a regular Post-Gazette column
I recently heard the Pittsburgh Technology Council's Steve Zylstra on WDUQ lamenting the subaverage growth of high-tech industry in the Pittsburgh region. I lament it too, but I don't share Steve's belief that the university research in the region makes it natural to expect the flowering of high-tech industry.
I had a ringside seat to the flowering of Silicon Valley for 15 years around the 1970s. I worked at Xerox PARC, a research lab famous for inventing the personal computer, the Ethernet, laser printing and many other innovations. Also famous is Xerox's failure to exploit these inventions for profit. Multiple books analyze this failure, and I've pondered it myself.
The failure begins with a misunderstanding of the process of technology transfer. Idealists think that it is like a precision relay race in which the scientists pass the ideas to the engineers, who develop the products and pass them to the marketers, who explain them to the eager buying public. In fact, tech transfer is more like some other kind of races.
It can be like a bicycle race in which the leader meets more wind resistance than the followers, and the best strategy is to be a fast follower who sprints ahead at the end. For example, IBM executed this strategy beautifully when it took over the PC market from Apple. Microsoft did it to Apple again in adopting the Windows interface that, by the way, was invented by us at Xerox. In other words, it might actually be harder for the originator of a technology to exploit it than it is for someone else. Why should that be?
First, when someone "steals" an idea, he has some crucial advantages over someone who owns it or is given it. First, he gets glory. Prometheus is a hero because he stole fire from the gods. Marco Polo is a hero in the West because he brought various Chinese inventions such as spaghetti to Italy. Millions of Chinese who simply adopted spaghetti eating are forgotten.
Second, the technology thief has the freedom to modify the ideas since he's under no obligation to the originator. If Steve Jobs, who took the ideas for the Macintosh from Xerox PARC, had been a Xerox marketer, management might have forced him to swallow a lot of the ideas that weren't marketable at the time. Because he had complete freedom of action, he could exercise his marketing genius, picking and choosing what he needed.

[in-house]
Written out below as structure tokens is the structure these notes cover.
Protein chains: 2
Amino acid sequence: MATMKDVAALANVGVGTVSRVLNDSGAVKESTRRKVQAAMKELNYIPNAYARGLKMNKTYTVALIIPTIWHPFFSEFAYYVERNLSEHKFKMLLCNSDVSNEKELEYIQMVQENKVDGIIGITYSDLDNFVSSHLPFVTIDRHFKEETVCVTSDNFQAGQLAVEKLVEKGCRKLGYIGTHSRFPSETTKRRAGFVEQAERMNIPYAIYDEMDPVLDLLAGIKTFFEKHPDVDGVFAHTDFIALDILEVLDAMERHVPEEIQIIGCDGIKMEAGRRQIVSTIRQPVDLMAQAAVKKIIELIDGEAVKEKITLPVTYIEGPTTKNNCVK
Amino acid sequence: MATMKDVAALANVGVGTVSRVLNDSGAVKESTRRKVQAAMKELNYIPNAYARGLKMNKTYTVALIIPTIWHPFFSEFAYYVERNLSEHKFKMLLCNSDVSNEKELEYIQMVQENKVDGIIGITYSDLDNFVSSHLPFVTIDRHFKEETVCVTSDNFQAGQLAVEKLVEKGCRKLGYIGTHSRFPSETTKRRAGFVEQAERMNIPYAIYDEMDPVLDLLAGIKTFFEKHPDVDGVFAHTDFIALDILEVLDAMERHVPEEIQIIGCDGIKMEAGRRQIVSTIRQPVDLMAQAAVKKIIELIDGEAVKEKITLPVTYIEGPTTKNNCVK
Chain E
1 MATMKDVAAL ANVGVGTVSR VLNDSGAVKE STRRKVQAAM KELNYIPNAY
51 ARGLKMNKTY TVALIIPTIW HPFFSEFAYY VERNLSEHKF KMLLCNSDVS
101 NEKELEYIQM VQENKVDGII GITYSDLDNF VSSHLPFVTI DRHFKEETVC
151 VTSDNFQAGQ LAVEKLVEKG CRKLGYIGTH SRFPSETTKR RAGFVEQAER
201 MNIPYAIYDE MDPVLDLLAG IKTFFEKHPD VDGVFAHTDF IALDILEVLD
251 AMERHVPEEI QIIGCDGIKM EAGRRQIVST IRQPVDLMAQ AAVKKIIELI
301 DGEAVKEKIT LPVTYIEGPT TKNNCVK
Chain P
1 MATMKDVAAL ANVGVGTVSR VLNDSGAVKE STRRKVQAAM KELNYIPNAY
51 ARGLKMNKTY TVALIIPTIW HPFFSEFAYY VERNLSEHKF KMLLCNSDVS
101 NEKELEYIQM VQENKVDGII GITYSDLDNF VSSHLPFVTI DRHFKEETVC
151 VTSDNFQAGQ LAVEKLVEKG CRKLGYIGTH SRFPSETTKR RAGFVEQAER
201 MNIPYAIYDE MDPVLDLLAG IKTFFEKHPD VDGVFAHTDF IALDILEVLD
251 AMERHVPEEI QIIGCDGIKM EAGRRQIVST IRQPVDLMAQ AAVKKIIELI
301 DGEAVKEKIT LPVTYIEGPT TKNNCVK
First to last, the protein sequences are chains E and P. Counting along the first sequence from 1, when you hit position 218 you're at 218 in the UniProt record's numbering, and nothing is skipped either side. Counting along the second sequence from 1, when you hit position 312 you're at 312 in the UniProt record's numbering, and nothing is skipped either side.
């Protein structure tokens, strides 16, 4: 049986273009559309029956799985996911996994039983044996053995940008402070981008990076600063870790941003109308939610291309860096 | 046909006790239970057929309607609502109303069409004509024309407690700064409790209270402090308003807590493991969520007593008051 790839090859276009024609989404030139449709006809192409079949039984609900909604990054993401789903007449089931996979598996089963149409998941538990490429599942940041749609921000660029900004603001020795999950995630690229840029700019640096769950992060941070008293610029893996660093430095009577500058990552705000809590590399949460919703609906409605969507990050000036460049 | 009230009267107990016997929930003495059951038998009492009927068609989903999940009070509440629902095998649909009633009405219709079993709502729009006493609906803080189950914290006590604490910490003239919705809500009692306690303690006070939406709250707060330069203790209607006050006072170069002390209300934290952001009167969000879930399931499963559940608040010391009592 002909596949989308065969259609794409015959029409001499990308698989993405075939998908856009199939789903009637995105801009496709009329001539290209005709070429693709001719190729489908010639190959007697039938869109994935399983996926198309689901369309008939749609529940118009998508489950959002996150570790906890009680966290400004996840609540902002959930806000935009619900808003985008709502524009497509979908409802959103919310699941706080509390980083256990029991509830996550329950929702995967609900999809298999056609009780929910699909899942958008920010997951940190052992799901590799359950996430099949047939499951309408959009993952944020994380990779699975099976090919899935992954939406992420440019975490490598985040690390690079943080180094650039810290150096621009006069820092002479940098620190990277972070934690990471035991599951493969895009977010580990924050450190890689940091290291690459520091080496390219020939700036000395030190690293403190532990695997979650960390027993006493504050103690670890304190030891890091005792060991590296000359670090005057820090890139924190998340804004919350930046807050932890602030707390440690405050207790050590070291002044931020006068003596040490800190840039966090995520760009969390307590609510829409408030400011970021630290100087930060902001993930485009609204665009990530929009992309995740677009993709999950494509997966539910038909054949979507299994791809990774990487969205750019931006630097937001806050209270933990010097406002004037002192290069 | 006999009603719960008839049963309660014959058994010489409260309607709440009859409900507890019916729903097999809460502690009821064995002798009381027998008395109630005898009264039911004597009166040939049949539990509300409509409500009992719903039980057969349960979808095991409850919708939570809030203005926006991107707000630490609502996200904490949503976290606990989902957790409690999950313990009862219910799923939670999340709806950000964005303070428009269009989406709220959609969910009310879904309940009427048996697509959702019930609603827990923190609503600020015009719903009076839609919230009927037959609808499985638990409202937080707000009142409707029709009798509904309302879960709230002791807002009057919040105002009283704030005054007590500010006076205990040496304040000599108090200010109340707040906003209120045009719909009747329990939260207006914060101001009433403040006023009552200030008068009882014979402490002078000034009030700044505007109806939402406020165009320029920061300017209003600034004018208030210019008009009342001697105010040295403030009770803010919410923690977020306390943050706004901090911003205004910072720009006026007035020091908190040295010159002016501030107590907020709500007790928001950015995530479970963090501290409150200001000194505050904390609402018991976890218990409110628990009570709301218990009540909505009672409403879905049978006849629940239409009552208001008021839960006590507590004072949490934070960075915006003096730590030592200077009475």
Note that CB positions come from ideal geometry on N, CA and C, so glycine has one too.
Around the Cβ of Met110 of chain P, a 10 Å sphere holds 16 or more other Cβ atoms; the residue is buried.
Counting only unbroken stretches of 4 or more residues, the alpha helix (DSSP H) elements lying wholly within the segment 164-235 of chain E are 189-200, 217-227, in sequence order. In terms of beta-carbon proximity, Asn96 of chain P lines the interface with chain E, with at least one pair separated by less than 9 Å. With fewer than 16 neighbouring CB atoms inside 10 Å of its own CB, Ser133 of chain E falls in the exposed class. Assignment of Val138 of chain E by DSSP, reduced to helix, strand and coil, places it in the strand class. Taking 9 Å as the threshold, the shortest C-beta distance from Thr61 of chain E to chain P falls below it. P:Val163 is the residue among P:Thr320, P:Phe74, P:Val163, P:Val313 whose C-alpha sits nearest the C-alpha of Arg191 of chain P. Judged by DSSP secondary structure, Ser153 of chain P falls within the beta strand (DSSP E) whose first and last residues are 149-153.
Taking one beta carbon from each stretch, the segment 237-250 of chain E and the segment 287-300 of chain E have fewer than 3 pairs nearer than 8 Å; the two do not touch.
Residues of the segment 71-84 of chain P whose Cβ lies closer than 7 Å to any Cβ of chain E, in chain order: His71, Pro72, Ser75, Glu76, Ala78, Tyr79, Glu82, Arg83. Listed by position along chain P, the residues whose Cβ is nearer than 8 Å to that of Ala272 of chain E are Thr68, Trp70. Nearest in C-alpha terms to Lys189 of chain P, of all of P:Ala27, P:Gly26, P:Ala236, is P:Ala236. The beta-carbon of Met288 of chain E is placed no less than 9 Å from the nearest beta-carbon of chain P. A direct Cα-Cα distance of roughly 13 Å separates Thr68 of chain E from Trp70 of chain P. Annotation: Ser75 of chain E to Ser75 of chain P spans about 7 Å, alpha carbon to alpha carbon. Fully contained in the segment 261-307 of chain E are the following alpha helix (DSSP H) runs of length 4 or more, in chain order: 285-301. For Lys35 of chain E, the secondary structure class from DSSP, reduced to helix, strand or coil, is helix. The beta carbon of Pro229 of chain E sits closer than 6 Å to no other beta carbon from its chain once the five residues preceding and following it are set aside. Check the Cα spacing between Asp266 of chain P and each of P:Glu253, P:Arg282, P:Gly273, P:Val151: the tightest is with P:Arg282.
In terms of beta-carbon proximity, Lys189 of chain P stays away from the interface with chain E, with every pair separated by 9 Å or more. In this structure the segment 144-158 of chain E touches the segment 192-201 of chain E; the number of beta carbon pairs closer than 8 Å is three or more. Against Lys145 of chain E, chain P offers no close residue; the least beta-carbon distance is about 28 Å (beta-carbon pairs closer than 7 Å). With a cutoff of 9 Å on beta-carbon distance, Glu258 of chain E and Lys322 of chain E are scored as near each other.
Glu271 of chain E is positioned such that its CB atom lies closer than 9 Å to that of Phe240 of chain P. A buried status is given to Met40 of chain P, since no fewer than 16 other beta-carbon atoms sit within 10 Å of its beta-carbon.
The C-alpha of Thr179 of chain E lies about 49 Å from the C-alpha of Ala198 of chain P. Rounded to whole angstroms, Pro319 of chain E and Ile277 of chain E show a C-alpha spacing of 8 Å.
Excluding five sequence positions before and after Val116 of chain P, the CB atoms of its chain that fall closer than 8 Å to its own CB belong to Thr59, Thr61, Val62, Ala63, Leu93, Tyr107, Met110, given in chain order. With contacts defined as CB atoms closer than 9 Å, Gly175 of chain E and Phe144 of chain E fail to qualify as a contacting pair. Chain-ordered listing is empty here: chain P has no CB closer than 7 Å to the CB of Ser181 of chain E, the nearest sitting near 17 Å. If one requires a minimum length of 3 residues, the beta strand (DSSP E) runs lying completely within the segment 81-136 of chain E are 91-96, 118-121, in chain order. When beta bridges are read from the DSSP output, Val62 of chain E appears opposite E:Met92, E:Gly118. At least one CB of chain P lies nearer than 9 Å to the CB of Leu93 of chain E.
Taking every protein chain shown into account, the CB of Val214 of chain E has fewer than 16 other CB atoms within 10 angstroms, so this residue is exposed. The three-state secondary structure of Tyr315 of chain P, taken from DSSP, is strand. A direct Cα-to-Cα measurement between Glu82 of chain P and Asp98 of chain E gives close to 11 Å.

Technology transfer can look like a greased pig race, where the idea is the pig and the racers are all trying to catch it. Sometimes the pig escapes them all. Generally, creation of products, high-technology or not, is a random Darwinian process that no one, including the inventors of the new ideas, can control.
The reason some great products come out of Silicon Valley is that there is a huge community of engineers and business people contesting for success. Of course, the scientists at Stanford help stimulate the process; but they are less crucial than they would tell you.
The same goes for Carnegie Mellon and the University of Pittsburgh. So what are the crucial ingredients for success in the technology business if university research isn't? Investment money is one. But Pittsburgh has enough, and we can bring it in when needed. A talented work force that can sell the stuff, as well as make it, is another. We have a sufficient number of such people and can import them.
Compared with Silicon Valley, we don't have enough risk takers -- people who start or join enterprises that are long shots, people with the nerve to steal ideas. High technology is a risky, evolutionary process in which there are nine failures for every success.
So we need lots of people to try, and we should expect many to fail. Maybe we don't need more failures, but I'd like to see more because it would be a sign that people were taking risks. Andrew Carnegie and the Mellons took big risks and made big bucks. A lot of other people, now long forgotten, took risks and failed.
Many factors other than one's talent, training and judgment can affect the outcome of a business, so individuals must roll the dice if the region is to succeed. In Silicon Valley, failed entrepreneurs are treated with respect because they have learned lessons that will help them or someone else succeed. Some of the mega-wealthy there failed several times before winning.
So if you see a failure in your neighborhood, buy him a drink and
tell him to try again. Or have one yourself, and take a chance.